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No one ever said it was easy giving up cigarettes. But recent Canadian research provides fresh insights into why it's so difficult to quit – and points to an innovative way to help smokers butt out once and for all.

The study, published in the journal Archives of General Psychiatry, found that smoking withdrawal leads to a sudden surge in a brain protein called monoamine oxidase Aw or MAO-A.

This protein, in turn, "eats up" important brain chemicals – such as serotonin – which normally keep mood on an even keel. Once these chemicals are thrown out of whack, the person may experience feelings of sadness.

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"This sad mood makes it hard for people to quit, especially in the first few days," said Jeffrey Meyer, the lead researcher and a senior scientist at the Centre for Addiction and Mental Health in Toronto.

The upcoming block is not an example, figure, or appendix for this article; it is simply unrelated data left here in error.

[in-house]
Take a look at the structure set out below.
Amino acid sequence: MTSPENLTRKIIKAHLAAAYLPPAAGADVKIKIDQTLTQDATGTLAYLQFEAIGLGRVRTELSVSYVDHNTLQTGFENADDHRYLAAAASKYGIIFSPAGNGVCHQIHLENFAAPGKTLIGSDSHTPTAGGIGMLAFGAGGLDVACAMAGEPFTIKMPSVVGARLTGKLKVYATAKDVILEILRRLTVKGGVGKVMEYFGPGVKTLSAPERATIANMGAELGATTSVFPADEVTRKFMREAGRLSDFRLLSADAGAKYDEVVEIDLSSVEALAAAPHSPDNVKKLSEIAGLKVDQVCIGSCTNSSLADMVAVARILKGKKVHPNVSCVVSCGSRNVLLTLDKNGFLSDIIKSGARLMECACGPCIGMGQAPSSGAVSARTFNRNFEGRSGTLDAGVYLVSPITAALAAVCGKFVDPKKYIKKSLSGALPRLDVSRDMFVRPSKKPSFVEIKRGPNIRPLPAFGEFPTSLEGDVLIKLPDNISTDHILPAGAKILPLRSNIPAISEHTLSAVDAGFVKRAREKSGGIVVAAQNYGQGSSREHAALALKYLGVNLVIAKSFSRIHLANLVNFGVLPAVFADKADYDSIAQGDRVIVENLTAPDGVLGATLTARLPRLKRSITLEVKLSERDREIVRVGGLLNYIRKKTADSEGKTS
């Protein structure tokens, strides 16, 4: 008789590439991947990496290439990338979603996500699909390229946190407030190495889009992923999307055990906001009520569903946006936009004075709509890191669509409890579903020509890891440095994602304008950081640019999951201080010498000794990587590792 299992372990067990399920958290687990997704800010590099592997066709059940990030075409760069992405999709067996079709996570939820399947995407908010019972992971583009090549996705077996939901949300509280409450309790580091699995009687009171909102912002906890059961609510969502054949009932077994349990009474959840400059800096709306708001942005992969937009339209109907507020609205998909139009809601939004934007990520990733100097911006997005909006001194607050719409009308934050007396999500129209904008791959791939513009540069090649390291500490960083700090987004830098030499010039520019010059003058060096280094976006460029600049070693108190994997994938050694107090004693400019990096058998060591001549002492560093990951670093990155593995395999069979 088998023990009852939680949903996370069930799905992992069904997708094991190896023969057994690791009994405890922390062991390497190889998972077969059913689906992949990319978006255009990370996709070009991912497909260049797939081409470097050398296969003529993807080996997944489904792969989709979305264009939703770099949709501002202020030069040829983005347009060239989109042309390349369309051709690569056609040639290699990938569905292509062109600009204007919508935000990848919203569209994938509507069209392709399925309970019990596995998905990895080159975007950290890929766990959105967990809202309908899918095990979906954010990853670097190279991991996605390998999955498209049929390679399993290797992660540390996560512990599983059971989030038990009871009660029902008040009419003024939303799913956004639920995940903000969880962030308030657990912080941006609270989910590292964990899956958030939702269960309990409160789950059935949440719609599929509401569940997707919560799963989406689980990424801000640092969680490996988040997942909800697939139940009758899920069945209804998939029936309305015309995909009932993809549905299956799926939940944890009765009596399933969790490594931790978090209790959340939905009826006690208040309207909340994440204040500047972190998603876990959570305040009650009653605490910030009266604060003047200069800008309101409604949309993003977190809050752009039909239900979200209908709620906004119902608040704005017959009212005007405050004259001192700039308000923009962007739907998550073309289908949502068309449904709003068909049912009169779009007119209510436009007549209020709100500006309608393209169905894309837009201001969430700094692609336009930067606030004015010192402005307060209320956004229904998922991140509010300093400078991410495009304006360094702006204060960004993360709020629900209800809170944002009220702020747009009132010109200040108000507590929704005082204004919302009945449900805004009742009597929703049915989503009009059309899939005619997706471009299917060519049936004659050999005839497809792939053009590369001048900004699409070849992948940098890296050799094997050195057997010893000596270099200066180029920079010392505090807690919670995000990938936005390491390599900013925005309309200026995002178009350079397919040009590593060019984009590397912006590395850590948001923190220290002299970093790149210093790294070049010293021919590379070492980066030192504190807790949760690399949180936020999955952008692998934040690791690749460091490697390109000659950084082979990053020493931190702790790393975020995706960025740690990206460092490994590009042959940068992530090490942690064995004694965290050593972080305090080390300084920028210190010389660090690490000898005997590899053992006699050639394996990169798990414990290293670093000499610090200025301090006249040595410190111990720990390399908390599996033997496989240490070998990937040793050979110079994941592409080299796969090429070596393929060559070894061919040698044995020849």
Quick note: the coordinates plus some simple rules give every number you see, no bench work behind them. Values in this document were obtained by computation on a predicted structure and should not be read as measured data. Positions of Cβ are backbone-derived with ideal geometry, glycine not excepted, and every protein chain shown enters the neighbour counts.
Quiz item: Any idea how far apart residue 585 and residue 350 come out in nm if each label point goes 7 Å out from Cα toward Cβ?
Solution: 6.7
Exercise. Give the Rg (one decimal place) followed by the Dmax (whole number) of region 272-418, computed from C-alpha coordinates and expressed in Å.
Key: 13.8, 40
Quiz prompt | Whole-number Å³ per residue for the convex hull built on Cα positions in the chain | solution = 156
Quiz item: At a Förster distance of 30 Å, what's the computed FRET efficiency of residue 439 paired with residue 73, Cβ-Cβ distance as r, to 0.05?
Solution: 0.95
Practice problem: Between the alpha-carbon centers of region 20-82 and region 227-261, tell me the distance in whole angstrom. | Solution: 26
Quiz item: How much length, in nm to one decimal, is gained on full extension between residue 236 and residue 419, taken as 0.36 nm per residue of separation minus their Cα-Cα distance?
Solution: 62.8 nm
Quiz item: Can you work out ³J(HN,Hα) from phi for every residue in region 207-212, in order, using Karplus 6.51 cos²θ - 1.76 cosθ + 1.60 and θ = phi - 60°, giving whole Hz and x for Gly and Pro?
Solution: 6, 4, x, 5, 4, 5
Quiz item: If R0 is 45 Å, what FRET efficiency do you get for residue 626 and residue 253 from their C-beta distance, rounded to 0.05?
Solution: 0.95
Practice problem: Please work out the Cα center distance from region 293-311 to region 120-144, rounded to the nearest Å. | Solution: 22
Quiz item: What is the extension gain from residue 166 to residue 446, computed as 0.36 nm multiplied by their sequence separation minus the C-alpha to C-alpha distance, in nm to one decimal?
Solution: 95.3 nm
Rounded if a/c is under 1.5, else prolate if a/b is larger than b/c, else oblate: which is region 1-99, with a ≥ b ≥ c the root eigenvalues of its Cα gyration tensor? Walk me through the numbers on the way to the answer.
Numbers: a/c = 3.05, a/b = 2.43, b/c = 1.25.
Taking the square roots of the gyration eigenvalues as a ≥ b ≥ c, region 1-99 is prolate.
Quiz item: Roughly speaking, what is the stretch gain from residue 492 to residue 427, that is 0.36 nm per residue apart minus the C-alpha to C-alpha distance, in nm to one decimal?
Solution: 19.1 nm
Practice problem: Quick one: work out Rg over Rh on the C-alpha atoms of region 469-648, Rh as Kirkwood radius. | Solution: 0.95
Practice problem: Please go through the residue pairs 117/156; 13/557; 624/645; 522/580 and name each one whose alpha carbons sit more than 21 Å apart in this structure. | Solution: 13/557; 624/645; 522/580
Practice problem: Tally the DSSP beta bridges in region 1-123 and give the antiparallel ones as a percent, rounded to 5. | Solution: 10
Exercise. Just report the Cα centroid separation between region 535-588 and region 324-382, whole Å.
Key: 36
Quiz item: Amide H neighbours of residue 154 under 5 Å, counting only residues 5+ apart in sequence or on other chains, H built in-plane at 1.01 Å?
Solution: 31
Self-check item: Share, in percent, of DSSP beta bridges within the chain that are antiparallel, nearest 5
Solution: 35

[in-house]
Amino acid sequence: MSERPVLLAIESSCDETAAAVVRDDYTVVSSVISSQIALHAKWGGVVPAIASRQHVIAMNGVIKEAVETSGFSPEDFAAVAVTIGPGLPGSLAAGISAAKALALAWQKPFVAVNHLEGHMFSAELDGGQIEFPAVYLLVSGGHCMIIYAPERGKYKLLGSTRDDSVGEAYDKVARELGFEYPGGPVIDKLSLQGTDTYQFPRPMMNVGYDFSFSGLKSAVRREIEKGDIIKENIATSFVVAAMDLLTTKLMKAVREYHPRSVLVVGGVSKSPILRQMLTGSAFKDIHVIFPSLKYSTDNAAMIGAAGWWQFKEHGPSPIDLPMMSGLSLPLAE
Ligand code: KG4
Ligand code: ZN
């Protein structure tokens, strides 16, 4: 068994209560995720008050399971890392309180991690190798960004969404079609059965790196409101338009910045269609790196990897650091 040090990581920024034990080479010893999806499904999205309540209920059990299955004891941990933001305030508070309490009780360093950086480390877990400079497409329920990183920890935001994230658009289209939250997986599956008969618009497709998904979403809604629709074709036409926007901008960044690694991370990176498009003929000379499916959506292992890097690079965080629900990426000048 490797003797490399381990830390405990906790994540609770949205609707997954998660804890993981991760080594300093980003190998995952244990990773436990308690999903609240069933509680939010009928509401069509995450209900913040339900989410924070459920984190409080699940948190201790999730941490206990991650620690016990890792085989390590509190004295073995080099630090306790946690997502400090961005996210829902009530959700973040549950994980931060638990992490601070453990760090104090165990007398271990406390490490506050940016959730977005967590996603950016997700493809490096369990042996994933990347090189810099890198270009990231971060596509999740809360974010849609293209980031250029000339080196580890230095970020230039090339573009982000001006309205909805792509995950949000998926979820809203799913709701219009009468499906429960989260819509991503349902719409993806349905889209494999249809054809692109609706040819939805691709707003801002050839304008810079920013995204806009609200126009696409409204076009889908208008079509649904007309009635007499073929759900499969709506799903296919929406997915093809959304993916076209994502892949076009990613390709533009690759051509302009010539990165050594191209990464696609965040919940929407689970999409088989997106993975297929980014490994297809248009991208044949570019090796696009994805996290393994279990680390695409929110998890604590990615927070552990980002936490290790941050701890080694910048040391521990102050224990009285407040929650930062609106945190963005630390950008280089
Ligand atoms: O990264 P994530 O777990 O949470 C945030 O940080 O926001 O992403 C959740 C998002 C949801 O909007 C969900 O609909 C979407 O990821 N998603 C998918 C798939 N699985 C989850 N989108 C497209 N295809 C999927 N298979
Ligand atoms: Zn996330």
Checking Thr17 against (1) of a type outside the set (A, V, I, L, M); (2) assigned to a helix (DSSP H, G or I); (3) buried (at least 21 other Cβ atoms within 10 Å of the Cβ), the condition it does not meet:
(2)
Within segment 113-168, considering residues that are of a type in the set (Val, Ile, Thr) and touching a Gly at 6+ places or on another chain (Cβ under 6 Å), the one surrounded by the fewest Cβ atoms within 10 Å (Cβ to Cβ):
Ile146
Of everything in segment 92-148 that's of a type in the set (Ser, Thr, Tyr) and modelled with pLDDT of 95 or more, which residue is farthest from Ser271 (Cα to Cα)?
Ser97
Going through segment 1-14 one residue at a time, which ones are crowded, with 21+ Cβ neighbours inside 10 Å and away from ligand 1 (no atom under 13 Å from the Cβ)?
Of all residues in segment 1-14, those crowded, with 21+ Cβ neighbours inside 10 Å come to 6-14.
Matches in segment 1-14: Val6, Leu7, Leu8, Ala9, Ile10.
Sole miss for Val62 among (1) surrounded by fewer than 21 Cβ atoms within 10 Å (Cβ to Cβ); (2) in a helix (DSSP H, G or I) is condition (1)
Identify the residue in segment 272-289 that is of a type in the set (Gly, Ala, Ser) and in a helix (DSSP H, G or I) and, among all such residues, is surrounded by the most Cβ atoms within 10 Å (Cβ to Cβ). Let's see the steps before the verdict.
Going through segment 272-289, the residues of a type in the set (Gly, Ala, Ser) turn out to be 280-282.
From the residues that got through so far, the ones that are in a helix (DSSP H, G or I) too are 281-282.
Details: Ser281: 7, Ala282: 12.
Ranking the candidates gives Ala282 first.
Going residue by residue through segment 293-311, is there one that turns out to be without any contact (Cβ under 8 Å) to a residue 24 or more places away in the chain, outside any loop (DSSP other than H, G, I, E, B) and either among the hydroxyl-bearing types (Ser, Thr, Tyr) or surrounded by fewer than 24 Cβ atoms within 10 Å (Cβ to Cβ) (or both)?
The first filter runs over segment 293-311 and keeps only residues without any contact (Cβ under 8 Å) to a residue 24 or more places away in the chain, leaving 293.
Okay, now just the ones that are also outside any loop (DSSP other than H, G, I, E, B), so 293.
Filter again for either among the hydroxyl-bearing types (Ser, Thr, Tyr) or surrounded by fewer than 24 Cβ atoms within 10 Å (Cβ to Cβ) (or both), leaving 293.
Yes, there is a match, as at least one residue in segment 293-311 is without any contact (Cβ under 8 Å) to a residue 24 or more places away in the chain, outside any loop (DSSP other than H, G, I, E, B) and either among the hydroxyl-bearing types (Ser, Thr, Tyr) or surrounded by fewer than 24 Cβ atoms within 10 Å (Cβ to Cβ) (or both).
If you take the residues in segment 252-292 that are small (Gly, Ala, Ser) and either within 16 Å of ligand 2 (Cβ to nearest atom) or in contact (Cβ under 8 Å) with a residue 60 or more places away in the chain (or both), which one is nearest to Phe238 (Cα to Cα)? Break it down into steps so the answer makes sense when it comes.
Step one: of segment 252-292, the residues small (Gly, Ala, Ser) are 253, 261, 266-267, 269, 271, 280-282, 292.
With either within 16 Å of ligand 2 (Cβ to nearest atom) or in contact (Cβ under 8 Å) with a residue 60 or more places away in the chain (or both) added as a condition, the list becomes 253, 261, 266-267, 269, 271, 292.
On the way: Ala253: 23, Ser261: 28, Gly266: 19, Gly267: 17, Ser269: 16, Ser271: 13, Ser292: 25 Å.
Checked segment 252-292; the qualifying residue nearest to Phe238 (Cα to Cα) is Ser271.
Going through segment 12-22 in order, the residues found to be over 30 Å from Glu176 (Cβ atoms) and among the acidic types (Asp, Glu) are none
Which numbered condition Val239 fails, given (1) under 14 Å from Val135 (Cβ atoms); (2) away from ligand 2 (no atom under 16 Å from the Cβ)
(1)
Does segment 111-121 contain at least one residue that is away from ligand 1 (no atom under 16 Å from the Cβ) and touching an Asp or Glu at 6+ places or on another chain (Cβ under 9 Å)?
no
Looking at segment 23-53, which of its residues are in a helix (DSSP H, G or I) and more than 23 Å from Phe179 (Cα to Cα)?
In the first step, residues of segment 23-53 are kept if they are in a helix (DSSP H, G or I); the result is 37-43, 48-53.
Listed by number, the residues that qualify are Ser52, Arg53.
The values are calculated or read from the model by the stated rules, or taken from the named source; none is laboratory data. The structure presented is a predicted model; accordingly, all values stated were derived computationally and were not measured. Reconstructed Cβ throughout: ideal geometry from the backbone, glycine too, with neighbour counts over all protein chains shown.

Dr. Meyer said the hardship of quitting may be reduced if MAO-A levels can be prevented from surging during the withdrawal phase. He noted that one type of antidepressant – moclobemide (brand name Manerix) – is already known to shut down the production of MAO-A.

He speculated that a low dose of moclobemide – possibly in combination with smoking cessation aids such as nicotine patches – may be enough to help smokers kick the habit. "It wouldn't be difficult to run a trial with these things already on the market," he added.

Meanwhile, federal Health Minister Leona Aglukkaq this week unveiled new warning labels for cigarette packaging. The text and gruesome pictures, depicting diseased body parts and dying patients, will cover 75 per cent of the front and back of each pack of smokes. The existing warnings, which had remained unchanged for almost a decade, cover half the package. Tobacco companies must make the switch to the bigger warnings early next year.

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